Instead of following the incessant, anti-science groupthink that became part of a virus-induced political religion, Sweden chose instead to not impose the strict lockdowns that Dr. Fauci recently claimed were not tried in the US. Sweden never mandated masks be worn in indoor public spaces, correctly identifying the lack of evidence supporting their use. They kept schools open in defiance of teacher’s unions and politically motivated “experts” in the United States who advocated for a policy with zero benefits and tremendous harms. Essentially, Sweden followed the actual science and not The Science™, with the requisite trademark and capital letters. That would include the guides that were prepared prior to the panic, inaccurate modeling, political motivations and crisis obsession took over.

5.15

A parliamentary bill allowing councils to force owners to rent out shops is part of the government’s levelling-up agenda – a 2019 general election promise that left-behind communities will get a chance to catch up with the rest of the country.

While most ghostwriting scandals in science involve physicians, the agrichemical company ran a unique and sophisticated campaign to promote GMO technology and attack critics.

Because about four or five to 6 million voters— we don’t know the exact number of the old Ronald Reagan, Pete Wilson, Arnold Schwarzenegger voters (32 years of Republican governors) — they moved. And they moved because: paying the highest electricity, gas, sales, income tax in the nation. 47/50 rated schools terrible infrastructure, 48th on roads and bridges. And California had high crime. That was a bad deal compared to Texas, or Florida or Wyoming or Nevada. And, then, we had $6 trillion dollars of market capitalized wealth that came in to Silicon Valley in 30 years, and that created a whole class of coastal millionaires, who were never subjected to the consequences or the ramifications (of bad public policy). So, walls on the border were terrible, but I need a wall around my estate in Palo Alto. Teachers unions are great, but my kid goes to the Menlo school or Sacred Heart. Twenty-seven cents peak electricity is essential. But it’s 70 degrees in Atherton all year round (Atherton is the richest city in America).

There are a lot of investors who are aware of opportunity zones but don’t want more real estate exposure and don’t know of any good businesses which are both QOZBs and currently raising money. In fact, many investors don’t fully understand the regulations. They think of QOZBs as being hair salons in bad neighborhoods. Now that you know how flexible the definition is, you can use it to your advantage. If you can become a QOZB, then go knock on some doors or cold email some inboxes. Target family offices in your area. Family offices are special investment businesses which manage the wealth of one very wealthy individual or family. They are always looking for new investment opportunities, and because they Many family offices are more flexible than VCs and would be very interested in investing in a QOZB. You can also approach angel investors and alumni from any universities you’ve attended.

Several news sources have reported that a single TB2 drone can be purchased for a million dollars, but Bayraktar, while not giving a precise figure, told me that it costs more. In any event, single-unit figures are misleading; TB2s are sold as a “platform,” along with portable command stations and communications equipment. In 2019, Ukraine bought a fleet of at least six TB2s for a reported sixty-nine million dollars; a similar fleet of Reaper drones costs about six times that. “Tactically, it’s right in the sweet spot,” Bayraktar said of the TB2. “It’s not too small, but it’s not too big. And it’s not too cheap, but it’s not too expensive.”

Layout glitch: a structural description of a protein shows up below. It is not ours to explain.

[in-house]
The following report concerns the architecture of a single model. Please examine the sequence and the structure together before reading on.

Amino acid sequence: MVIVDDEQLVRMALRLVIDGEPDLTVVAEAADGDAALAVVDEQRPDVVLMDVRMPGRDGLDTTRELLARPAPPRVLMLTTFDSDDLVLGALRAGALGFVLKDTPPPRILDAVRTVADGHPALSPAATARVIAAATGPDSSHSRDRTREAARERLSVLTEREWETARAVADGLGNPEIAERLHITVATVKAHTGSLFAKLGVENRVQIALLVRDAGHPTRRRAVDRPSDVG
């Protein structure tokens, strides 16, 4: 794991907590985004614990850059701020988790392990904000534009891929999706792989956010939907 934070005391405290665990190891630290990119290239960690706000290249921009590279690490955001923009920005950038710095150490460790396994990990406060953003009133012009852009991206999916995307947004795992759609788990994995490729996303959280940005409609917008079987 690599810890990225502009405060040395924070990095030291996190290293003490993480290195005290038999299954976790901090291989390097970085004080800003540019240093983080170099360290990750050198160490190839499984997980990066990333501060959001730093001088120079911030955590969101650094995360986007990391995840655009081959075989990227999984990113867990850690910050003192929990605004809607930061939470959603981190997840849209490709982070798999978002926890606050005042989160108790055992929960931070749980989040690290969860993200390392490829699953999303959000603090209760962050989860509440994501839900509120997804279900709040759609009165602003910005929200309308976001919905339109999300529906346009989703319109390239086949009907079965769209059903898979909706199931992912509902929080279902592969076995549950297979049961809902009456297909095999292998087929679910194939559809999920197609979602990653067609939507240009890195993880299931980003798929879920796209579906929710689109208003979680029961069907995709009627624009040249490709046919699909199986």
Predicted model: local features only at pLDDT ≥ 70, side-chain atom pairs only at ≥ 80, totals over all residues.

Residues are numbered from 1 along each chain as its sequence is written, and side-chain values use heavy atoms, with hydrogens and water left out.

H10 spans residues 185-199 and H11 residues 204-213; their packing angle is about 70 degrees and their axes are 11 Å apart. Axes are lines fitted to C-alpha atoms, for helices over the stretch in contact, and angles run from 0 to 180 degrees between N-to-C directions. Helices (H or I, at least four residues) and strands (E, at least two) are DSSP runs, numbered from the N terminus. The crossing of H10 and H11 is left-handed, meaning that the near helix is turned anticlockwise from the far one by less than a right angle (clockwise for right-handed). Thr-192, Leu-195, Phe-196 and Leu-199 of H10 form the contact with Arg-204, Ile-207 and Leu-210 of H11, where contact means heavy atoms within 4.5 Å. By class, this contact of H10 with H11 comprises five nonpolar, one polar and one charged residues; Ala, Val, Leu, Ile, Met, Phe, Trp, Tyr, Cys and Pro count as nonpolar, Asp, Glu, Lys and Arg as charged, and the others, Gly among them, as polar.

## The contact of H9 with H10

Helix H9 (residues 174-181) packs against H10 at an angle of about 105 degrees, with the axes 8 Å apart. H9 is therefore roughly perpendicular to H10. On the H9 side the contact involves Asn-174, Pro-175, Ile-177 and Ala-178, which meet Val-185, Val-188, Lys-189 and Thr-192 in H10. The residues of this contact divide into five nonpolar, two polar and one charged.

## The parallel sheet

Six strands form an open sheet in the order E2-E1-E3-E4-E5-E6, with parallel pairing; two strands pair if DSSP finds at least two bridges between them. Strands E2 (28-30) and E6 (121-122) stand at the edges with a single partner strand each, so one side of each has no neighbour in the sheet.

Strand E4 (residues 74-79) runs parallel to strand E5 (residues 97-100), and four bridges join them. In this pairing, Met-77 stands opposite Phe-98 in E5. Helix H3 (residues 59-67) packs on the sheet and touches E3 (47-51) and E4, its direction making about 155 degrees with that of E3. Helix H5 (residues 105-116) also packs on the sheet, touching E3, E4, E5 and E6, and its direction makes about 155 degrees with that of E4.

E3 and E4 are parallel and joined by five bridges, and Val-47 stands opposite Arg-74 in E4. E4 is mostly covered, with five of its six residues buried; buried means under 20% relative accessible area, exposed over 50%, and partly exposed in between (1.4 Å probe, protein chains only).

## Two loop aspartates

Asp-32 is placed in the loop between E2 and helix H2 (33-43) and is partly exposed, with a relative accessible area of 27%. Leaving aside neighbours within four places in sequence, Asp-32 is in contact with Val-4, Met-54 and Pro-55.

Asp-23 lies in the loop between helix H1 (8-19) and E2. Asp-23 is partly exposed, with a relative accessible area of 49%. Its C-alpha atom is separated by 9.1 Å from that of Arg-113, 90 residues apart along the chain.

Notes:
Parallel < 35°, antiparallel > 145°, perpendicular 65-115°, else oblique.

No railroader I know, were he or she made CEO, would continue this operational model. He or she would know it was not in their interest. In a generous mood, I believe the CEOs know, too. But they are being driven. They are being driven by a force that the regulatory body alone must step in and control. Gentleman and ladies: It is time to use the authority that is yours. The time for studies (as in the last spending bill) has passed. I ask you to take charge of this situation. If extreme greed is like an addiction, it is time for an intervention. If the SEC should have stopped Madoff; the STB and the FRA should stop Precision Scheduled Railroading, PSR.

Despite this flexibility in its definition, many developers have lost faith in the idea of Agile. Wischweh himself encountered a turning point while describing a standup meeting to an aunt, a lawyer. She was incredulous. The notion that a competent professional would need to justify his work every day, in tiny units, was absurd to her. Wischweh began to think about the ways in which Agile encourages developers to see themselves as cogs in a machine. They may not be buried under layers of managers, as they were in the waterfall model, but they nevertheless have internalized the business’s priorities as their own. “As developers, IT professionals, we like to think of ourselves as knowledge workers, whose work can’t be rationalized or commodified. But I think Agile tries to accomplish the exact opposite approach,” said Wischweh.

The bell is one of the oldest, and certainly is the loudest of, musical instruments. The sound of a bell has the power to charm, to amaze, to warn, to frighten, and to lift the spirit. Bells are ubiquitous even in our electronic age. And yet the way in which a bell produces its sound is complex, and even such a simple question as which note a bell sounds can have surprising and unexpected answers.

The Story of the Naval Tactical Data System, NTDS

Salvador expected to default as bitcoin plummets

Photos: 50+ years of Japanese concept cars

The Day George Soros Broke the Bank of England To Make $1.1B